July 2007. Kiribati asked for assistance concerning a problem of breadfruit: was it cause by disease or environmental effects? The problem occurs especially on seeded breadfruit and rarely on seedless varieties. Locally, it is thought to be the ‘bleeding/red disease” with an unidentified cause. Kiribati wanted to know how to sample, isolate and identify the cause as well as how it might be controlled. The condition is a worry as it seems to be spreading and quite serious in some islands.
A response was made by a scientist, previously with the Secretariat of the Pacific Community, who had worked on breadfruit disease in Kiribati, especially that of the fruit, caused by Colletotrichum gloeosporioides.
What was discovered previously:
1. Many breadfruit trees on Kiribati are past their prime and are becoming much more susceptible to disease as they get older. Old people we interviewed in the 11 villages on Butaritari indicated that using traditional husbandry systems of breadfruit management, a root sucker from aging trees would normally be allowed to grow up to replace the aging tree. The old people were quite scathing toward the young people and their lack of enthusiasm for managing the trees properly.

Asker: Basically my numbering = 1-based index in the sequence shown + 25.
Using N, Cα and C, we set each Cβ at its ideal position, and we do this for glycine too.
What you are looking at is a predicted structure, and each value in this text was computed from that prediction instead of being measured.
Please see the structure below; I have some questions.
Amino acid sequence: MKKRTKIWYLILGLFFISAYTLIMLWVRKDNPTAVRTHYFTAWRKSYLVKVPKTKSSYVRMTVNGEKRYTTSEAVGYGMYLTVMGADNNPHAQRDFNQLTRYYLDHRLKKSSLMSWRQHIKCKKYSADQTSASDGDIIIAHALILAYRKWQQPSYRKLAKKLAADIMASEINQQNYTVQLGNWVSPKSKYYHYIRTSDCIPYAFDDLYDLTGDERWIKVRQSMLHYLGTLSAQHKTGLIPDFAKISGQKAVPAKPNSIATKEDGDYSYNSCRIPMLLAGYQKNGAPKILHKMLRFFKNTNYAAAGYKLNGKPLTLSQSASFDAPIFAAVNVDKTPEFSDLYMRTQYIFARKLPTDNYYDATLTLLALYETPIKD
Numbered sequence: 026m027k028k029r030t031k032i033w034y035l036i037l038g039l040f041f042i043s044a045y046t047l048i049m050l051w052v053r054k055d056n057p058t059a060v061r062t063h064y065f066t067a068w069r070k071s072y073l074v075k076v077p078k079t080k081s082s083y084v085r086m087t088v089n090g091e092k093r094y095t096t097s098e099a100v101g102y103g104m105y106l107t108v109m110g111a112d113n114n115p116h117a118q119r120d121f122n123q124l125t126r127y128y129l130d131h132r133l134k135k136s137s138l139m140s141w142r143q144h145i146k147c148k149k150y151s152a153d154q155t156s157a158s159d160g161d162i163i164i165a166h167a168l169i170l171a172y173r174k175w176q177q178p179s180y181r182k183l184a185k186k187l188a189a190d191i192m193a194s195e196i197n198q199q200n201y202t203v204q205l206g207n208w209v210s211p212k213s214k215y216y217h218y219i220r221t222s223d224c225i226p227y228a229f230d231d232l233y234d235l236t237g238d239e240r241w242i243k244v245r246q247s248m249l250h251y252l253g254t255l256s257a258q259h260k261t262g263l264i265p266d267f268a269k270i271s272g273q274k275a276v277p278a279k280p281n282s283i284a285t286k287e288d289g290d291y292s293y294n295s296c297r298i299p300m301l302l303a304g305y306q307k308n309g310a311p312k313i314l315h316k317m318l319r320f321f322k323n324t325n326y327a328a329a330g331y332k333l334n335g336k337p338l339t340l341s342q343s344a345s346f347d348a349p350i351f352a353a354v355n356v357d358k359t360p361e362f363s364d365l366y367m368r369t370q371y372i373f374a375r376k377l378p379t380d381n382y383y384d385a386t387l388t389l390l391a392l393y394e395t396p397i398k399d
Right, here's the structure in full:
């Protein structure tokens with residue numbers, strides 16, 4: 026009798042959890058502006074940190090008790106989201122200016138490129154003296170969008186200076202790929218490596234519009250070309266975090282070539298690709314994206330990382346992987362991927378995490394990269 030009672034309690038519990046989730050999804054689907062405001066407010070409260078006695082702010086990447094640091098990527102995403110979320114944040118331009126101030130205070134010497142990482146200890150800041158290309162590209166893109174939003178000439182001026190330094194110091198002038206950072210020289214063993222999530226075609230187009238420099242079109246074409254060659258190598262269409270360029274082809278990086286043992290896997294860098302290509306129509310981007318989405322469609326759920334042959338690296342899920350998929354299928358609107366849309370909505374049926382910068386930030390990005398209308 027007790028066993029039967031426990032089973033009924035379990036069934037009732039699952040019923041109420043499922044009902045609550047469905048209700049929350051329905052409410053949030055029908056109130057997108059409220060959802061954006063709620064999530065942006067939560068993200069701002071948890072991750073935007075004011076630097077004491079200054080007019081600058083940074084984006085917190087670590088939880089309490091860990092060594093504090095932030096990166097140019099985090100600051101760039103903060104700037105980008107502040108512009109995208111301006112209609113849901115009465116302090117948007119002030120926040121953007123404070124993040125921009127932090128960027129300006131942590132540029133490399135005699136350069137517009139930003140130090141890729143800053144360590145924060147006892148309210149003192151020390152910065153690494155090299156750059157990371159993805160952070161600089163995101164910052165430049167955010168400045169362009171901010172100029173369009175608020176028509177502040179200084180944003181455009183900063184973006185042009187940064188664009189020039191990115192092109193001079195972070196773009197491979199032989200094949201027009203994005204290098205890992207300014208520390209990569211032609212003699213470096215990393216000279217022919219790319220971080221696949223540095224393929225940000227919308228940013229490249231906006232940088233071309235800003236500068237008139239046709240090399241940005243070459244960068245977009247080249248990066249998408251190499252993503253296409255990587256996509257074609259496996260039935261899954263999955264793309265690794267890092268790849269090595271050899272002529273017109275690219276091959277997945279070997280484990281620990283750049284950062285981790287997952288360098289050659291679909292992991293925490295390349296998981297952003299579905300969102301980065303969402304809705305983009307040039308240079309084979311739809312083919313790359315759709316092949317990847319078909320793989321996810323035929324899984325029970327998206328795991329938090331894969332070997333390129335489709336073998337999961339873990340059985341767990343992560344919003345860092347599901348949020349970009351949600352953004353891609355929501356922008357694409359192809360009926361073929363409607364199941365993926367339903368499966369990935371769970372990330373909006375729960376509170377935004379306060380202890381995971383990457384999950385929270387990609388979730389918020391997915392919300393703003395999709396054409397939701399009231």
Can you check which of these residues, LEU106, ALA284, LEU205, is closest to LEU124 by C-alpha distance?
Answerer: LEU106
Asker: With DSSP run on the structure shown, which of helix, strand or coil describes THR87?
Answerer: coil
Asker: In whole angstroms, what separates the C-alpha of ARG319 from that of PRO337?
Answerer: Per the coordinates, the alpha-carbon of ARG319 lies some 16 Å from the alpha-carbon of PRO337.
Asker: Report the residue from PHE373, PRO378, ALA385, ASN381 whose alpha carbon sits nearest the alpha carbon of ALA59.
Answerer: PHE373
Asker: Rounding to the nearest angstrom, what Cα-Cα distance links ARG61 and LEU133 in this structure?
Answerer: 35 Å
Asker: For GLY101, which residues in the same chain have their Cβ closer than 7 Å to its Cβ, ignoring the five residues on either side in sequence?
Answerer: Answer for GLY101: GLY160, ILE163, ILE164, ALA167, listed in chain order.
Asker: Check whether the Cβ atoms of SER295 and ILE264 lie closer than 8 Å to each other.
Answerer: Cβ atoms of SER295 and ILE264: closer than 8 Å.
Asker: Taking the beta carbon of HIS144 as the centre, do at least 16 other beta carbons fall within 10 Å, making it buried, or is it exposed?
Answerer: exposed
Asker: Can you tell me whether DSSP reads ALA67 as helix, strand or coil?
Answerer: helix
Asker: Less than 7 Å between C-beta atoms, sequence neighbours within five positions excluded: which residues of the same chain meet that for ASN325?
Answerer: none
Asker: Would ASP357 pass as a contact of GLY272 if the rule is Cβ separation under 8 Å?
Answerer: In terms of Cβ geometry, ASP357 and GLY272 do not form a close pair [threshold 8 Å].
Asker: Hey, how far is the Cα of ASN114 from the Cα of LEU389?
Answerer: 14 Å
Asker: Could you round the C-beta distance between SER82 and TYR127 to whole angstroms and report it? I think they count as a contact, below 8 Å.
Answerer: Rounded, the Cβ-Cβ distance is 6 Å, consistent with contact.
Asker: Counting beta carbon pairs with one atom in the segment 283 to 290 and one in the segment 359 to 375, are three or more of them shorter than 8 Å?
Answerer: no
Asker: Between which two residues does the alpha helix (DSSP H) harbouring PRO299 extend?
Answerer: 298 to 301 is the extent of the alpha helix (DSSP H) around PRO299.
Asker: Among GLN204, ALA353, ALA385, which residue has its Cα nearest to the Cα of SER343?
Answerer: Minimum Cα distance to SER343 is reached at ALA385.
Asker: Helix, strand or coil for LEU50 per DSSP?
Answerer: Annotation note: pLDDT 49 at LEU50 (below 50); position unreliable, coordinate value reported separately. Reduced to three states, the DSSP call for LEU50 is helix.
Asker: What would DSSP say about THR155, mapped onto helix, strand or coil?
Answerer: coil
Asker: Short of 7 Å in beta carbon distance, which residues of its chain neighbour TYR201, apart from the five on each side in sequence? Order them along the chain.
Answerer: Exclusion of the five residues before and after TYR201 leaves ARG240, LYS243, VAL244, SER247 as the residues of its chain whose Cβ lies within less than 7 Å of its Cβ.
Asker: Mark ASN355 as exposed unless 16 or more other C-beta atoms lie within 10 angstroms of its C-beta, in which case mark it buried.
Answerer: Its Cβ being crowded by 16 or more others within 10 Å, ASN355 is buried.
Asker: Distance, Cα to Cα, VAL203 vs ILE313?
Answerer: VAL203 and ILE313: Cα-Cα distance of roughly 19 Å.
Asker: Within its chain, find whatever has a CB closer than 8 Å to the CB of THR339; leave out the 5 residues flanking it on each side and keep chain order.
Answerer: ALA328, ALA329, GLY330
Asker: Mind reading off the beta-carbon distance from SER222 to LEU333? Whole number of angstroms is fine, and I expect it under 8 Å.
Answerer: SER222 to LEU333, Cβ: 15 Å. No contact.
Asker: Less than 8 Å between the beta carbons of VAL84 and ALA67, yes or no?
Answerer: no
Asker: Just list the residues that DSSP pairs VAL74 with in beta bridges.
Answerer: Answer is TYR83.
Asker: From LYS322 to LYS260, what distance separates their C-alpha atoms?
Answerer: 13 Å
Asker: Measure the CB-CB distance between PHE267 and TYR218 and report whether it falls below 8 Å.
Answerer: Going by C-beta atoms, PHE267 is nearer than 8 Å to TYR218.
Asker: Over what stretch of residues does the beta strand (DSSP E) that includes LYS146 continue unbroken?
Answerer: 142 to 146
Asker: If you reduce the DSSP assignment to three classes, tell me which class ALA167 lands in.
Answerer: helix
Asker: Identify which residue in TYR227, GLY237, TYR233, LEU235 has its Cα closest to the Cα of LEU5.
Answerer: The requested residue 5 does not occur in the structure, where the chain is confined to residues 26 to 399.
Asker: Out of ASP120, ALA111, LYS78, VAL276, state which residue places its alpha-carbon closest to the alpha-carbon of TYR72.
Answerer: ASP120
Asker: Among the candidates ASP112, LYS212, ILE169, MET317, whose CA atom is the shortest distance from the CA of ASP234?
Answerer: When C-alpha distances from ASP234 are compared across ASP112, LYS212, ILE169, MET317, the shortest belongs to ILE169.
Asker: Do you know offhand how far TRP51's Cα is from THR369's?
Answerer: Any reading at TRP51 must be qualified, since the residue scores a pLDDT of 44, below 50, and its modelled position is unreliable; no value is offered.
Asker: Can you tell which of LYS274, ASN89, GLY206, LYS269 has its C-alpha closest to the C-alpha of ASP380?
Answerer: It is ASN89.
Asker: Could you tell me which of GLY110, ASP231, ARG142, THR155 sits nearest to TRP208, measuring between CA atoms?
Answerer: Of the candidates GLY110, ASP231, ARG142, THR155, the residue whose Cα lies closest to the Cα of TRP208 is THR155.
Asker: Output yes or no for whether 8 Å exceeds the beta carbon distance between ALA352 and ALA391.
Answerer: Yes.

2. Whilst breadfruit trees can be quite tolerant to salinity, on top of them aging, salt water incursions further weaken the trees increasing their susceptibility to disease.
3. At least three fungi known to cause canker in other fruit trees, Lasiodiplodia theobromae, Botryosphaeria spp. and Dothiorella sp., were isolated.
4. Phytophthora has also been recorded as a problem for breadfruit (causing trunk cankers and root rot) in the northern Pacific, although it was not found in Kiribati in recent surveys.
5. The idea of using chemicals on the atoll was not favoured by anyone, although the possibility exists to do tree injection if Phytophthora was the causal organism, but this is very expensive and Phytophthora was not found in surveys (that does not mean to say it is not the cause of the condition in the photo above), so it was not pursued as an option.
6. After much consultation with experts, it was thought that good husbandry and replacement of senile trees with young trees (which would have more vigour) was probably the best option. That was the idea that led to the Te Bwata Ni Mai group on Butaritari. A nursery was to be established to supply enough seedlings for a replanting scheme to replace the aging population of trees.
Reports on the study are available from SPC.